NATPE 2015: YouTube on Track to Launch Originals by End of Year
Miami Beach, Fla.—YouTube is on track to launch its version of original series – both scripted and unscripted – by the end of the year, said Alex Carloss, YouTube’s head of originals, at NATPE 2015 in Miami.
While YouTube is planning to add original scripted and unscripted series to its mix, its budget, development and launch process is probably much different than that of traditional TV studios.
“We’re not in the TV production game at a TV level, but we’ll fund beyond what [YouTube creators] would typically be able to realize,” Carloss said.
Shows produced for YouTube also may not mimic the TV model, meaning that episodes could run five minutes each or 90 minutes each.
“I just heard the head of FX [John Landgraf] over the weekend opine that if you could remove restrictions of duration from 22 minutes or 44 minutes, you could rightsize your storytelling to what was appropriate,” Carloss said.
YouTube also isn’t interested in moving too far away from what’s already working for it, which includes lots of user-generated content, shareable clips, video bloggers with huge fan bases, sketch comedy and so forth.
“I don’t think you would want to move too far beyond [our established] playbook,” Carloss said, “but you could imagine a series of sketches stitched together and working, or an unscripted reality show focused on wish fulfillment or a next generation talk show shot in someone’s bedroom. You’ll see us really try to work our playbook but then try to raise that bar.”
YouTube’s originals department is divided into four “pods,” said Carloss: Scripted, unscripted, family and comedy. One of YouTube’s chief advantages in this space is its ability to move quickly and be flexible.
“We want to be able to double-down on wins and fail fast on misses,” he said.
Part of investing money in original content – instead of just allowing users to create it themselves – ties back to YouTube wanting to increase what it can charge for advertising. While some YouTube stars – such as PewDiePie, with nearly 34 million subscribers, or Bethany Mota, with 8.1 million, or Markiplier, with nearly 6 million – have as many or more subscribers than some popular primetime network TV shows, it costs far less to run an advertisement on a YouTube channel than it does on TV.
YouTube (and owner Google) wants to change that, so last year “we launched a program called Google Preferred at the upfronts that was a means for advertisers to reserve and buy the top 5% of channels and inventory that were available on YouTube. Advertisers had been asking for that kind of connectivity on a vertical basis. The program has been incredibly successful and it’s now rolling out around the world,” Carloss said.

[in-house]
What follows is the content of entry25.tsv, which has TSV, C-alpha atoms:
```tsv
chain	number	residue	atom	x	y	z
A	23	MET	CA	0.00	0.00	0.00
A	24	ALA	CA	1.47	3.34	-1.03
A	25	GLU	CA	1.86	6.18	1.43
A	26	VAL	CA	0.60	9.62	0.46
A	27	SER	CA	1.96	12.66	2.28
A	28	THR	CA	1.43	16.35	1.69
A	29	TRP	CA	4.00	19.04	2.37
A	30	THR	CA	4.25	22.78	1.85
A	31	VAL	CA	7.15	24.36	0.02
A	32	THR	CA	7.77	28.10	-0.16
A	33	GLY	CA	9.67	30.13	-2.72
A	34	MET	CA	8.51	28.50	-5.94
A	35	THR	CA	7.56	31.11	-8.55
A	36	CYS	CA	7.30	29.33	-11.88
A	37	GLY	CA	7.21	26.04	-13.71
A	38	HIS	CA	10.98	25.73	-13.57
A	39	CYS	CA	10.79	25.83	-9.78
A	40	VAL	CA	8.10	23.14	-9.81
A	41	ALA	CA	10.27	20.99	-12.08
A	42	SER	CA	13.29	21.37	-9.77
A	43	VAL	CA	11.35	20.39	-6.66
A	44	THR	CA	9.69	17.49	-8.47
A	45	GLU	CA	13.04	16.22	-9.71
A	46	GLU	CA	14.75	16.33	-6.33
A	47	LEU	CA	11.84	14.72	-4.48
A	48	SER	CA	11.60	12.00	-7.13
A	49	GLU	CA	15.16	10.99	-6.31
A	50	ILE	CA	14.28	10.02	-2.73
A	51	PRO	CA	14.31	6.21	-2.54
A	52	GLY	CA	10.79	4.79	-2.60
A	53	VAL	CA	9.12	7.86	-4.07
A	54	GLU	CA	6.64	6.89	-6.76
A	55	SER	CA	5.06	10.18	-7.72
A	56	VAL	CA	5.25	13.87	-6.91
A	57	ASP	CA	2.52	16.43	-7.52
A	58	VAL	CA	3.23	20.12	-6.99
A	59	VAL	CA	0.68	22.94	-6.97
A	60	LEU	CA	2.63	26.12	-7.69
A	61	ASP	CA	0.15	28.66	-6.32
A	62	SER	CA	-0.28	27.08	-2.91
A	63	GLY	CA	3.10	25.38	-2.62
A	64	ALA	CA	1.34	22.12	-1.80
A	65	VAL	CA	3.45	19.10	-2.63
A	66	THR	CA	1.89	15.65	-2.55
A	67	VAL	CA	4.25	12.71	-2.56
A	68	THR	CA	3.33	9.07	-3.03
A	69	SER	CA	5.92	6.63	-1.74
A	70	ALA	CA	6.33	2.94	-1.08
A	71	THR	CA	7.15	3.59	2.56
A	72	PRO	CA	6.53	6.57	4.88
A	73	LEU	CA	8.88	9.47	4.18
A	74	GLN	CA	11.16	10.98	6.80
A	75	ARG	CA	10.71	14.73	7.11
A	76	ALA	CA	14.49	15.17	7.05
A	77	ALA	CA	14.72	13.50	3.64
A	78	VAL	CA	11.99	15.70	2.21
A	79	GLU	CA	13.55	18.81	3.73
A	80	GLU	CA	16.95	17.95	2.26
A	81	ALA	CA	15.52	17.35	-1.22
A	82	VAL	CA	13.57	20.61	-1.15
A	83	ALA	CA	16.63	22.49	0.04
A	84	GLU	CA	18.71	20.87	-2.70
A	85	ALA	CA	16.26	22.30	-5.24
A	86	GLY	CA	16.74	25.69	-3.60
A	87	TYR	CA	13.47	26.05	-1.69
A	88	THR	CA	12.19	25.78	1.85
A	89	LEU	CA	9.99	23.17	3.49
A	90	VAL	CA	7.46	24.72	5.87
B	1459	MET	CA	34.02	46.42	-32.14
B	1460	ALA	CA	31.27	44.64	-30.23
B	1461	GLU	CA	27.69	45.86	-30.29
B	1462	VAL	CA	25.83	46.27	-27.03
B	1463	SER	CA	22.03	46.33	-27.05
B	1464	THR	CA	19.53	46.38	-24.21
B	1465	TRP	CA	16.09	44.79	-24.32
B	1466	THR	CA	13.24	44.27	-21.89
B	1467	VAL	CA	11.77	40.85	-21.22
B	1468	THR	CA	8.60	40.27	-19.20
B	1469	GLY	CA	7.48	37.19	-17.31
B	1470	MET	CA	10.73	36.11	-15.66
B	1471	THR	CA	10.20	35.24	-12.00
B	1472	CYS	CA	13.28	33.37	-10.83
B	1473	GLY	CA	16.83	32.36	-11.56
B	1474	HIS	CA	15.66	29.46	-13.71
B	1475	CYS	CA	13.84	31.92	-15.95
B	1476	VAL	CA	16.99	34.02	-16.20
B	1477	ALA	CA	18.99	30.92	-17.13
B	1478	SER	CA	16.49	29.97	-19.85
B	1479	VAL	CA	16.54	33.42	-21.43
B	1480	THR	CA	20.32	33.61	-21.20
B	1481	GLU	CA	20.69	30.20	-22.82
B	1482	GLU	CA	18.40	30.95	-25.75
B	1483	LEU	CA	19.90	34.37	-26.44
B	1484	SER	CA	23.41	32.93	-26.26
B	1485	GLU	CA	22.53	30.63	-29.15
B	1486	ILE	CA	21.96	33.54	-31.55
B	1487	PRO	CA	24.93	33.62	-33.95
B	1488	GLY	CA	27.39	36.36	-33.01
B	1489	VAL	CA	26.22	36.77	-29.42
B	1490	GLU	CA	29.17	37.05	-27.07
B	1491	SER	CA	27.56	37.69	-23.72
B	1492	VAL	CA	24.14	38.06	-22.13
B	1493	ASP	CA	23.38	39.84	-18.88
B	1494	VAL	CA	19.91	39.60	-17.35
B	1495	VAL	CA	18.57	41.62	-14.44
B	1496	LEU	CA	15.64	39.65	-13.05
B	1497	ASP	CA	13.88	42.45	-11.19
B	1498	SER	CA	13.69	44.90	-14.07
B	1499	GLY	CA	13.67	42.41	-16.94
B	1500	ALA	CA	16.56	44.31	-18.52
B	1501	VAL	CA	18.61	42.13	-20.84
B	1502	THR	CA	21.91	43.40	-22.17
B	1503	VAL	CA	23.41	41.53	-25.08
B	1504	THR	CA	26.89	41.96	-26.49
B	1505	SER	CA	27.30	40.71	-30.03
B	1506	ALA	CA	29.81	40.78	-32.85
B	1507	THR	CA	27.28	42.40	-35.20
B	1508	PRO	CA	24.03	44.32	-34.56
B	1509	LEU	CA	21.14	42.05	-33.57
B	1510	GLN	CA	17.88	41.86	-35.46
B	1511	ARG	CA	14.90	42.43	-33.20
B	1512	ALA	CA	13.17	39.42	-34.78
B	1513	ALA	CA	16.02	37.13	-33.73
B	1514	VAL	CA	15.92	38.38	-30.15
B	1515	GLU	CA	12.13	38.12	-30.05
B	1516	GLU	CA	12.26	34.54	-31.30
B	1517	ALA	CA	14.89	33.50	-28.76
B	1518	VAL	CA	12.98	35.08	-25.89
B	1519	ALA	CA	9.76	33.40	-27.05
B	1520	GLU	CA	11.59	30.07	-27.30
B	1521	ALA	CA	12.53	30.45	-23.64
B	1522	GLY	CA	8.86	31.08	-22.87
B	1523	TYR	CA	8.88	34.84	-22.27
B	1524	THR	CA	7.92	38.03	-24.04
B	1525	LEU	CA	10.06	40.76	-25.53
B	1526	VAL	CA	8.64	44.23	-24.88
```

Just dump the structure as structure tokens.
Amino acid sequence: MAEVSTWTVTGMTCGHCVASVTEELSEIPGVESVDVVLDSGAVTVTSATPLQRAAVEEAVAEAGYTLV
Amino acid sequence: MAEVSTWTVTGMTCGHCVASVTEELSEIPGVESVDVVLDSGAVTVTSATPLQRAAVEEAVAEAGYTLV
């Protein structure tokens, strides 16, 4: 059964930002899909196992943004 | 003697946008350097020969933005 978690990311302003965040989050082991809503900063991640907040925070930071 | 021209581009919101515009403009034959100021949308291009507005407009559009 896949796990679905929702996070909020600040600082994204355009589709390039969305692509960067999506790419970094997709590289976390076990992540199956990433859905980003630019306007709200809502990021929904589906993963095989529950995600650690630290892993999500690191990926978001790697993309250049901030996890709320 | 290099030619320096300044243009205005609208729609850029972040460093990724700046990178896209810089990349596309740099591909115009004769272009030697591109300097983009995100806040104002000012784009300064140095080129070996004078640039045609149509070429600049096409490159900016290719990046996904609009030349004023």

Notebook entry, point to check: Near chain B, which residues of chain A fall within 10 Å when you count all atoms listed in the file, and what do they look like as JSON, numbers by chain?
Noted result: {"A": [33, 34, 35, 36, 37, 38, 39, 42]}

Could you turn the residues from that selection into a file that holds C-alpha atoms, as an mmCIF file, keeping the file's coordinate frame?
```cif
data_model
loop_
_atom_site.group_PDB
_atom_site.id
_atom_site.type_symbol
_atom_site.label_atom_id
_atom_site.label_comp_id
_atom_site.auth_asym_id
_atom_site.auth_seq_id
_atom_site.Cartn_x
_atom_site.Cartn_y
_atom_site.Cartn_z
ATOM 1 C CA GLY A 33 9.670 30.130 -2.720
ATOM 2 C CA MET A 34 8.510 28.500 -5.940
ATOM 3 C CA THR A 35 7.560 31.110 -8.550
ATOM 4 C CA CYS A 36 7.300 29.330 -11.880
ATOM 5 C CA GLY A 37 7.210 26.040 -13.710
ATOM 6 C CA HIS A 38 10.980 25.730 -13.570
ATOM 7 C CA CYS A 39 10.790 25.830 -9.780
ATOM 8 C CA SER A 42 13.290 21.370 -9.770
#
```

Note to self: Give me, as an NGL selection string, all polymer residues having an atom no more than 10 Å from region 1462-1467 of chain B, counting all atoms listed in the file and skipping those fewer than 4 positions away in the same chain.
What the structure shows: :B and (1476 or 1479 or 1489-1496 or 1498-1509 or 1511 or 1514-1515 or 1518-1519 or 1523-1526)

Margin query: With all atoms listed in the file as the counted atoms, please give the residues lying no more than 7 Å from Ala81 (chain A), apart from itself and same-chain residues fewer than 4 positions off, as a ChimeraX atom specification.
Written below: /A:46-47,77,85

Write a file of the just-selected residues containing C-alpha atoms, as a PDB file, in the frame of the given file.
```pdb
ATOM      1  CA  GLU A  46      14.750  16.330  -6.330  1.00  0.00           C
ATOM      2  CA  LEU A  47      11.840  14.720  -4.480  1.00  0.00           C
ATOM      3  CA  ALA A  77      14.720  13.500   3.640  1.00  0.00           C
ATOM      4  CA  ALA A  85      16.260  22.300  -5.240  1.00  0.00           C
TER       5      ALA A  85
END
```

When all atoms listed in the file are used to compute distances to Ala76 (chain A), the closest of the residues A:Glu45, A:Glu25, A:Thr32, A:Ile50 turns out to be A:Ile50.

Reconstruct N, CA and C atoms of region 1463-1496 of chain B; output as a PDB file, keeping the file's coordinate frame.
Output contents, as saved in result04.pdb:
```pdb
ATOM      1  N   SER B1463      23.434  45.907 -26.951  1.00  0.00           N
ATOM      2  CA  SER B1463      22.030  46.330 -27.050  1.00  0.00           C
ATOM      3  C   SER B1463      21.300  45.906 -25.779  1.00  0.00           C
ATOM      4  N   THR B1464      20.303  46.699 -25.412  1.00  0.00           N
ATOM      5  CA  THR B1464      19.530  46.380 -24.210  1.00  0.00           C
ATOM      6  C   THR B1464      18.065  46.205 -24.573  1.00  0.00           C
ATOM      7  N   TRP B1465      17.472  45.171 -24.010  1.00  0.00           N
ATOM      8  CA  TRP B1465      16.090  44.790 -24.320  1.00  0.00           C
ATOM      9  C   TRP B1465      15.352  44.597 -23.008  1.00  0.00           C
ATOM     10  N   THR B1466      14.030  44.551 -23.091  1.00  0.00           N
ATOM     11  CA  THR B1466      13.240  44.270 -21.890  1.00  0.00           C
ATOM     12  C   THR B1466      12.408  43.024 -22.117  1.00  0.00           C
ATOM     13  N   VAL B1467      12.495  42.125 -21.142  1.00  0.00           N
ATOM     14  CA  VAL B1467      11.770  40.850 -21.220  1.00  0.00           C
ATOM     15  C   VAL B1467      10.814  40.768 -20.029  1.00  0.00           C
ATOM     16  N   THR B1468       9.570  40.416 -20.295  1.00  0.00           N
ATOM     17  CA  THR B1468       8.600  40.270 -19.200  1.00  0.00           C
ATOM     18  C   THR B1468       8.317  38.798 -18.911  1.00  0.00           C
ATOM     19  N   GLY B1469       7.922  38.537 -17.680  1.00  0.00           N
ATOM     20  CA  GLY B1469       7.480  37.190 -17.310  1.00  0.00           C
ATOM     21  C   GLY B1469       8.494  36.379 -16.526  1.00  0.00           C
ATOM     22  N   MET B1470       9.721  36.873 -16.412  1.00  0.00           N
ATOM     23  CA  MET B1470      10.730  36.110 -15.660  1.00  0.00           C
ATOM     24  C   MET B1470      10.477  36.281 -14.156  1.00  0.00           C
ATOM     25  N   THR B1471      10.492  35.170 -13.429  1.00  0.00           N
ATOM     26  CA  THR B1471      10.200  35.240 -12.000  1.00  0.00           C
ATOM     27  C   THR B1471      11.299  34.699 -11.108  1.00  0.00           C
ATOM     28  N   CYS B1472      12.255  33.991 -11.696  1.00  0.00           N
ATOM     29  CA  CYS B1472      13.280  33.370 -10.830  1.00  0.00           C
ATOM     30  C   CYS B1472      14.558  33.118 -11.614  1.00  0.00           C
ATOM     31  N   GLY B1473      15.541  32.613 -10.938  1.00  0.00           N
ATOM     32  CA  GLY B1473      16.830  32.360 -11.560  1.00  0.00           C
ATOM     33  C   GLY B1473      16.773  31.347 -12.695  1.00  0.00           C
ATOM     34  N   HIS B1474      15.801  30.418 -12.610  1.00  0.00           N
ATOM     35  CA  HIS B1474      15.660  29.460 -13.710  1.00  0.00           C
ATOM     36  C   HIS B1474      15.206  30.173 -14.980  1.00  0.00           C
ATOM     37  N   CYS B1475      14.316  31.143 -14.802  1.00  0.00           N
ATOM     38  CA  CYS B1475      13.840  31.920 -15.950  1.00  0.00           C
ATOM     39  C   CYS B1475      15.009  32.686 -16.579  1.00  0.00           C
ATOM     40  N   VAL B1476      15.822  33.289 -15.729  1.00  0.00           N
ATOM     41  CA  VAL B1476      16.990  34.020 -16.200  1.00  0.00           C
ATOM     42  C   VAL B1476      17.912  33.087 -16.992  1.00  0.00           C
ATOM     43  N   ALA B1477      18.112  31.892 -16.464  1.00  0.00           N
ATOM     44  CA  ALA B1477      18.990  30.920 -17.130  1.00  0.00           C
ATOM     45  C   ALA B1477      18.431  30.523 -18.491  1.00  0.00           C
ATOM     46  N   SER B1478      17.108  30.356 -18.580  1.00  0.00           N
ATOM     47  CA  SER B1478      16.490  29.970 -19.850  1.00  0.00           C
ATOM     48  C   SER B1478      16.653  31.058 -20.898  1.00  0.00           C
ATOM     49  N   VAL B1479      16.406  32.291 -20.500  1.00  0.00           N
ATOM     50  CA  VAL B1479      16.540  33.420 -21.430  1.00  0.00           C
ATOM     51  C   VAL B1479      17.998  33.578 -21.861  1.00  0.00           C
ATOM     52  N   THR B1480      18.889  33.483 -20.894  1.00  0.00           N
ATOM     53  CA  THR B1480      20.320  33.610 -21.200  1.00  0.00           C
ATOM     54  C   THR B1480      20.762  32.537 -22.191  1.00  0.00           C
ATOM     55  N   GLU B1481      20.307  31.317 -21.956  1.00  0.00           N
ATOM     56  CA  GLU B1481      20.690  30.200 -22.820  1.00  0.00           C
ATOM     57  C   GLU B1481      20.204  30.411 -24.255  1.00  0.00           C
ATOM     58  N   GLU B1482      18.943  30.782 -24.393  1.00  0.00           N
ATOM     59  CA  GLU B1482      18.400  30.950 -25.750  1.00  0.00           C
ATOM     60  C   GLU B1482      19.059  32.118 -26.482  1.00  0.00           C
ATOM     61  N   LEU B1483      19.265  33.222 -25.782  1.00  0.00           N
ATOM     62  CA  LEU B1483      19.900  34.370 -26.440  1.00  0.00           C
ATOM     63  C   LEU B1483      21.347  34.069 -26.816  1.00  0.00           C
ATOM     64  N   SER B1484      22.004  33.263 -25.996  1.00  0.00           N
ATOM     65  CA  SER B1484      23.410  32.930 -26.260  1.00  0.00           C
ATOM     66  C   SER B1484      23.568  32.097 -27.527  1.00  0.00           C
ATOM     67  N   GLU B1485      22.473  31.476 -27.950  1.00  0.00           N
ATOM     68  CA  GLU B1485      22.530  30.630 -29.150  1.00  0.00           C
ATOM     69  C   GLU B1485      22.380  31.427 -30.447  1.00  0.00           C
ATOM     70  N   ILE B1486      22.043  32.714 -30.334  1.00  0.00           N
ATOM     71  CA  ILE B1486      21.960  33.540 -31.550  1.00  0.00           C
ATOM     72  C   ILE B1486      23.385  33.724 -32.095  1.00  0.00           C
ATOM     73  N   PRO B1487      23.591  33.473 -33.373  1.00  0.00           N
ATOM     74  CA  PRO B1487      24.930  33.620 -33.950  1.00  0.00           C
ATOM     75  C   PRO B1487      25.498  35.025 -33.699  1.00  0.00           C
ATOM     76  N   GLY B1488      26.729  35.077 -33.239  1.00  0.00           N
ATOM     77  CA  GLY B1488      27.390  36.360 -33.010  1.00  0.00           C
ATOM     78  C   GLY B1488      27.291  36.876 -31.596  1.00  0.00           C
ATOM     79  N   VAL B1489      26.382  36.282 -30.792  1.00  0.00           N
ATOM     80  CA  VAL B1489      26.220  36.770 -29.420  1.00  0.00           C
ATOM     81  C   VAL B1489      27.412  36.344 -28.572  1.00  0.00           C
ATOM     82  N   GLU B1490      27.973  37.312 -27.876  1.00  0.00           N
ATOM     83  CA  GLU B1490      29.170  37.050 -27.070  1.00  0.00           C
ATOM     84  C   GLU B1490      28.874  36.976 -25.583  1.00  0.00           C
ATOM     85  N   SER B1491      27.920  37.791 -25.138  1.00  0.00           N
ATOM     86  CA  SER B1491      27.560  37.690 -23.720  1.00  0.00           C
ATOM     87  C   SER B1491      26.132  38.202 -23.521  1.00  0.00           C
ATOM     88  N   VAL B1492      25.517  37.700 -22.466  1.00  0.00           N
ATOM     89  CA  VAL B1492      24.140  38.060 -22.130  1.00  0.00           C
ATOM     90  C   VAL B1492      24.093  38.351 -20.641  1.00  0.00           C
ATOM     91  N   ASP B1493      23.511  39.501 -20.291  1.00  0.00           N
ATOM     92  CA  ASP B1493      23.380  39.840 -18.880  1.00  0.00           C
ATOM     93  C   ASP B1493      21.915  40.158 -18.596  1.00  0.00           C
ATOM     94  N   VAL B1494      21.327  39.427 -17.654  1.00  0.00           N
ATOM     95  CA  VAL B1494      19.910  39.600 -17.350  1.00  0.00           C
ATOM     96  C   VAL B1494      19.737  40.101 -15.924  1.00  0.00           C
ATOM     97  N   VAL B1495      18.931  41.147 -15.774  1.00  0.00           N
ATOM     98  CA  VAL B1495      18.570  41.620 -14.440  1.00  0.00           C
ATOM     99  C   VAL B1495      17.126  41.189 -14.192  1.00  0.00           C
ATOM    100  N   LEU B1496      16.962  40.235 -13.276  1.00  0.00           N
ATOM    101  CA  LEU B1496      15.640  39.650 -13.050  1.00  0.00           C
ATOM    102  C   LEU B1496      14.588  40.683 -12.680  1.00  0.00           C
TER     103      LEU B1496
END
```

That also explains why it’s important to YouTube to drive some of its content to the top of its site, and create a rarified air around it.
That said, content such as the short clips from The Tonight Show Starring Jimmy Fallon or Jimmy Kimmel Live will remain valuable to the Internet video site.
“We’ve shone the lights on people like Kimmel, Fallon and Conan O’Brien,” said Carloss. "Their material is really traveling so well on YouTube. It’s almost governing what their broadcast formats are starting to look like.”
Like everything else in this space, YouTube is rapidly evolving but Carloss doesn’t think it's going away anytime soon.
Said Carloss: “YouTube will remain a principal video destination for fans looking to have a deep relationship with the creative content that they love and identify with. As YouTube enters its 10th year, I don’t see that changing.”
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Contributing editor Paige Albiniak has been covering the business of television for nearly 25 years. She is a longtime contributor to Next TV, Broadcasting + Cable and Multichannel News. She concurrently serves as editorial director for entertainment marketing association Promax. She has written for such publications as TVNewsCheck, The New York Post, Variety, CBS Watch and more. Albiniak was B+C’s Los Angeles bureau chief from September 2002 to 2004, and an associate editor covering Congress and lobbying for the magazine in Washington, D.C., from January 1997-September 2002.